Chase Manhattan's $34 billion acquisition of J.P. Morgan will combine the bio banking and research stables of the former Hambrecht & Quist (now Chase H&Q) with J.P. Morgan. While the eventual strength of the combined health care franchise will play out over the coming months, the two banks have posted some impressive IPO underwriting activity this year. Combined, the banks have been involved in 21 IPOs that have raised more than $2 billion - 36 percent of the $6.15 billion raised in global IPOs this year, and a 73 percent of the $4.47 billion raised in U.S. IPOs. "The combination would create the biggest provider of equity, debt and financial advisory services to the biotech industry," said Chase H&Q banker Vivek Jain.

Chase H&Q has been carrying the bulk of the load, as it has been involved in 18 deals compared with J.P. Morgan's five. Two deals - Large Scale Biology (LSBC) and Paradigm (PDGM) - had each bank on the syndicate.

While Chase H&Q is outselling J.P. Morgan more than 3-to-1 on the deal side, J.P. Morgan typically has been the lead banker when it gets involved: serving as the lead manager on four deals. Chase H&Q, meanwhile, has served as lead or co-lead on five deals (four leads, one co-lead) (see "Deal Flow").

Those deals have raised $544.5 million in total, giving J.P. Morgan an average deal take of $108.9 million. Chase H&Q's 18 deals have raised a total of $1.6 billion, or $91 million on average.

While who will lead the health care efforts has yet to be determined, Chase H&Q appears to have a leg up because it's purchasing J.P. Morgan and because of its size. Both banks have had some turnover in recent months. Dennis Purcell left Chase H&Q in February to join Perseus-Soros BioPharmaceutical Fund, and five months later Steve Elms left Chase H&Q to join Purcell. In June, David Low left J.P. Morgan to join (ironically) Chase H&Q as managing director of health care banking. Deepa Pakianathan and junior banker Ted Kalen head up J.P. Morgan's biotech banking.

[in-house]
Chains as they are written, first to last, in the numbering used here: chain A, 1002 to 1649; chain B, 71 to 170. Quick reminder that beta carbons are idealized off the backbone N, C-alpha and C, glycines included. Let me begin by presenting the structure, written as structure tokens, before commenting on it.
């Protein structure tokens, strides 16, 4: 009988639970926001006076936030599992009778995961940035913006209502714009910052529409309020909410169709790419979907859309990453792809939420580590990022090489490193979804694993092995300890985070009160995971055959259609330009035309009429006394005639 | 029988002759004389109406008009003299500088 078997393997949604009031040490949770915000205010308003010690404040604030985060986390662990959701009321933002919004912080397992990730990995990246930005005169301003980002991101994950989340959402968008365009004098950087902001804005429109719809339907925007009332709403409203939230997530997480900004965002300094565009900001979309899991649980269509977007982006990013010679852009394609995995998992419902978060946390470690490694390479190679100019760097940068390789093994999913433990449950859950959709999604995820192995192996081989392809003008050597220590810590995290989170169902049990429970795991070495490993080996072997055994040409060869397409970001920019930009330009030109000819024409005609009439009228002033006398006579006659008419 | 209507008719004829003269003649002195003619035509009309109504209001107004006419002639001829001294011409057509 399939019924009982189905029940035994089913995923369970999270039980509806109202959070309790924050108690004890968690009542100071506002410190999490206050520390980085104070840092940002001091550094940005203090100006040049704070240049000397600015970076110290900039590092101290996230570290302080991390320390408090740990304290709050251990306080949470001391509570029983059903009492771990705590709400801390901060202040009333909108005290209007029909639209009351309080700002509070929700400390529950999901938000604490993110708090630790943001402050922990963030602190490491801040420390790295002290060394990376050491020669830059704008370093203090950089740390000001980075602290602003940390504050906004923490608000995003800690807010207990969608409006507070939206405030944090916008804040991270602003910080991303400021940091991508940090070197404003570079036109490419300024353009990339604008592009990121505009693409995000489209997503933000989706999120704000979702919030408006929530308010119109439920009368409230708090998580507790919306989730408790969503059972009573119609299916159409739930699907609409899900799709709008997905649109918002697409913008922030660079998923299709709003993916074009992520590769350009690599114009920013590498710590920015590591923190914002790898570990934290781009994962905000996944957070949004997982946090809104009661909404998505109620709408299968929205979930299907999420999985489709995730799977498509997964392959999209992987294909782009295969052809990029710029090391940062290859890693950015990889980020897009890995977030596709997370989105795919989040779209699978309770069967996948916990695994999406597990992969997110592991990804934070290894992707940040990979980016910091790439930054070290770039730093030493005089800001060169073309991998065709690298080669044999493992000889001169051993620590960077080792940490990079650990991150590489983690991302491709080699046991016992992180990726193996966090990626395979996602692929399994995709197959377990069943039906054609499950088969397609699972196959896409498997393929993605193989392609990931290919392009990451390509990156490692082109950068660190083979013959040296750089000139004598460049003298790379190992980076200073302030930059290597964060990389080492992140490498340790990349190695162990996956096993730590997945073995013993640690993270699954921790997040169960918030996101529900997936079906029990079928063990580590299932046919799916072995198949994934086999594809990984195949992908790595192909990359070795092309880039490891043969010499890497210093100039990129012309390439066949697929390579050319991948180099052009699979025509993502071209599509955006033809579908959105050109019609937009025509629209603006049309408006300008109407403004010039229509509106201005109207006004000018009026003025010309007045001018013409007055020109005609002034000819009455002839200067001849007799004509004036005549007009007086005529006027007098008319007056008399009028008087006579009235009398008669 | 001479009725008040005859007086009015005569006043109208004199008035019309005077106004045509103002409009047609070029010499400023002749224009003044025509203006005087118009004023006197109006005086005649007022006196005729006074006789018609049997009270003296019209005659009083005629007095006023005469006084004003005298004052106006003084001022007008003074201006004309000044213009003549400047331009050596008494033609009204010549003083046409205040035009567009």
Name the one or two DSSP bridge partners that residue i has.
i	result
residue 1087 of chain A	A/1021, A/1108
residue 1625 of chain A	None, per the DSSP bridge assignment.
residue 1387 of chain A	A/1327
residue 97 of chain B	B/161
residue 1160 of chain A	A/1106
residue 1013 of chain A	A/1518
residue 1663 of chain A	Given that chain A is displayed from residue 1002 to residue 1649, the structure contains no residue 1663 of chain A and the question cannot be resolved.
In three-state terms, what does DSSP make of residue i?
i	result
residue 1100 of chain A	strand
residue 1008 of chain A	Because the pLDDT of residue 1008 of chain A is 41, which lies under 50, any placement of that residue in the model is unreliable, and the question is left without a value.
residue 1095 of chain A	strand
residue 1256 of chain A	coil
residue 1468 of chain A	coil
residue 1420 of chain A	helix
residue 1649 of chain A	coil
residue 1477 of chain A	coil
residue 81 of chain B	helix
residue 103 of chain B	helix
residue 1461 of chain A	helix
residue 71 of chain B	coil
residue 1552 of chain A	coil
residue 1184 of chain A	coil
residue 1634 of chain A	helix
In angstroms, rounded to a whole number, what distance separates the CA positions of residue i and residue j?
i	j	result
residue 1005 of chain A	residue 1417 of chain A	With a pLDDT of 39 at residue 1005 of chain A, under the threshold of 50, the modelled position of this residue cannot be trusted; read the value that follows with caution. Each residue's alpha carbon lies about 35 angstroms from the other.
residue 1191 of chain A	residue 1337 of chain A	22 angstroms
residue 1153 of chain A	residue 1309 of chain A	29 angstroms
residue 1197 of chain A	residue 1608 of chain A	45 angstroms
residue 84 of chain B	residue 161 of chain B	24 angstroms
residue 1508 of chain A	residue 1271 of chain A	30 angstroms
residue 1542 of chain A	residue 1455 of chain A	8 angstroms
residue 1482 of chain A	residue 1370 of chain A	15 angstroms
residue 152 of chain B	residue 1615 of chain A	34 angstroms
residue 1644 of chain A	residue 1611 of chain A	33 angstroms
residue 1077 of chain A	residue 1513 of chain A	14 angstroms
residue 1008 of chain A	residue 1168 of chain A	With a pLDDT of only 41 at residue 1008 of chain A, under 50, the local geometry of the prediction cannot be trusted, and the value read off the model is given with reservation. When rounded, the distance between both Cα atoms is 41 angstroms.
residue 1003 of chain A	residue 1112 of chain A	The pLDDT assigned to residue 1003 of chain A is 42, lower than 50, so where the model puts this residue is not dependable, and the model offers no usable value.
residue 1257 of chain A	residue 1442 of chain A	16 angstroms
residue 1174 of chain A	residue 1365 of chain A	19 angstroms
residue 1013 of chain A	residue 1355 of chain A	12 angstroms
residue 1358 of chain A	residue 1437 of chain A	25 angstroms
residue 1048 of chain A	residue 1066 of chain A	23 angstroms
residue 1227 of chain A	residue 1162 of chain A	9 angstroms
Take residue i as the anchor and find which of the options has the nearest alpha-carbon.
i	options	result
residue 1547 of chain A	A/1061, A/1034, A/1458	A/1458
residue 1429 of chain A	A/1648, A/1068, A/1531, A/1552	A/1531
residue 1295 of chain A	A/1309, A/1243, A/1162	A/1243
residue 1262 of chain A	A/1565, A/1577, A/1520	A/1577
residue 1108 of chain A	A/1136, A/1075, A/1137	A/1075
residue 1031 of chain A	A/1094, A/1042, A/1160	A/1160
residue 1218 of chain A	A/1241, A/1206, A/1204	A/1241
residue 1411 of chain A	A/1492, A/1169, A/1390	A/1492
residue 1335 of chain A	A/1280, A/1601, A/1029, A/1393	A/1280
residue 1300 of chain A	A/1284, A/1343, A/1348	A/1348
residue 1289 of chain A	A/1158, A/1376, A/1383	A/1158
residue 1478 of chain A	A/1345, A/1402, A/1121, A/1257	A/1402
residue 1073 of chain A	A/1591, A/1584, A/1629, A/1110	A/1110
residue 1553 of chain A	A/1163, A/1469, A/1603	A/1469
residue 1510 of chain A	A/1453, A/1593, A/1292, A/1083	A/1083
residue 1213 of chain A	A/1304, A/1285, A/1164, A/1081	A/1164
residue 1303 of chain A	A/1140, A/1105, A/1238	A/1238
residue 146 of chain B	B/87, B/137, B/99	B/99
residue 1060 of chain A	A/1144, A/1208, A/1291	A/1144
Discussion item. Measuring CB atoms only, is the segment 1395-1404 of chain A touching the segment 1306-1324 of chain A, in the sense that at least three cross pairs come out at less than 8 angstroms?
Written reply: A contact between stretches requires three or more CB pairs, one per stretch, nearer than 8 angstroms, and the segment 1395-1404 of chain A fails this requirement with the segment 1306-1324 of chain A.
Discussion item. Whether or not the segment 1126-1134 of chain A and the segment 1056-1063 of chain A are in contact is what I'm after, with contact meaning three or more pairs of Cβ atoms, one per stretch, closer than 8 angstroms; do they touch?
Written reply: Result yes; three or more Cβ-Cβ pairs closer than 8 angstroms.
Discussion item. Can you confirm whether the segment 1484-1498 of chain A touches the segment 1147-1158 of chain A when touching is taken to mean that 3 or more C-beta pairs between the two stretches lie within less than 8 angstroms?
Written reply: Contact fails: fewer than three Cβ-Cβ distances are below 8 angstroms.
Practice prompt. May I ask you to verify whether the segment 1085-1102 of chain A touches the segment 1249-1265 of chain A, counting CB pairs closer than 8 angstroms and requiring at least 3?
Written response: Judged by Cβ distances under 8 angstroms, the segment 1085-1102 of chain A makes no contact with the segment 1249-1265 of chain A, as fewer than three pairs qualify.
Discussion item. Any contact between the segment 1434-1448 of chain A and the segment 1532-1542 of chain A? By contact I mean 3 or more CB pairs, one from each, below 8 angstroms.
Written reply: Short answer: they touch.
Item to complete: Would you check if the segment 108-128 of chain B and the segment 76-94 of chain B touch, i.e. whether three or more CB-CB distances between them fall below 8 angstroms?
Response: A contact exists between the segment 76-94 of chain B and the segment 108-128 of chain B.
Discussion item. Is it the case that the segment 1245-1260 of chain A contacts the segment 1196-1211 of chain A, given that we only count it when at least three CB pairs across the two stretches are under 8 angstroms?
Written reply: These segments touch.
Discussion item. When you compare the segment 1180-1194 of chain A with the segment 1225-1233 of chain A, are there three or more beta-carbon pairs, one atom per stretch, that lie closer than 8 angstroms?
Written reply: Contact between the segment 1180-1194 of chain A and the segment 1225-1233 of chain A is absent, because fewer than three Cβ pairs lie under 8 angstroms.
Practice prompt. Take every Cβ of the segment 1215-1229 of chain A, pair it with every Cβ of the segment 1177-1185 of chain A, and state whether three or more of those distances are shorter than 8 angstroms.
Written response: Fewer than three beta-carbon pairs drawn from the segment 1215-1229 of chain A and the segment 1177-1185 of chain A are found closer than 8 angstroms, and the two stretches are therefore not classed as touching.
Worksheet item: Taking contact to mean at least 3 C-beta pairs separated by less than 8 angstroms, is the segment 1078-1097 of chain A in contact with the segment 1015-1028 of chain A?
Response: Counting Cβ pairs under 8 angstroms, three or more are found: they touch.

Buyout watch

Amgen (AMGN) dipped $4.50 to $67.438 on 21.6 million shares on Thursday after management told the Bear, Stearns health care conference that the company would be receptive to making an acquisition that would be modestly dilutive to near-term earnings. Scuttlebutt is that AMGN is looking at companies with late-stage cancer antibodies. Bloomberg on Thursday mentioned ImClone (IMCL) as a candidate. IMCL has several Phase II and Phase III trials ongoing with IMC-C225 monoclonal antibody against the epidermal growth factor receptor in a range of cancers. Both IMCL and AMGN declined to comment. AMGN got back $0.188 to $67.625 on Friday, putting it down $7.313 (10 percent) on the week. IMCL jumped $14.125 (15 percent) on the week to $108.875.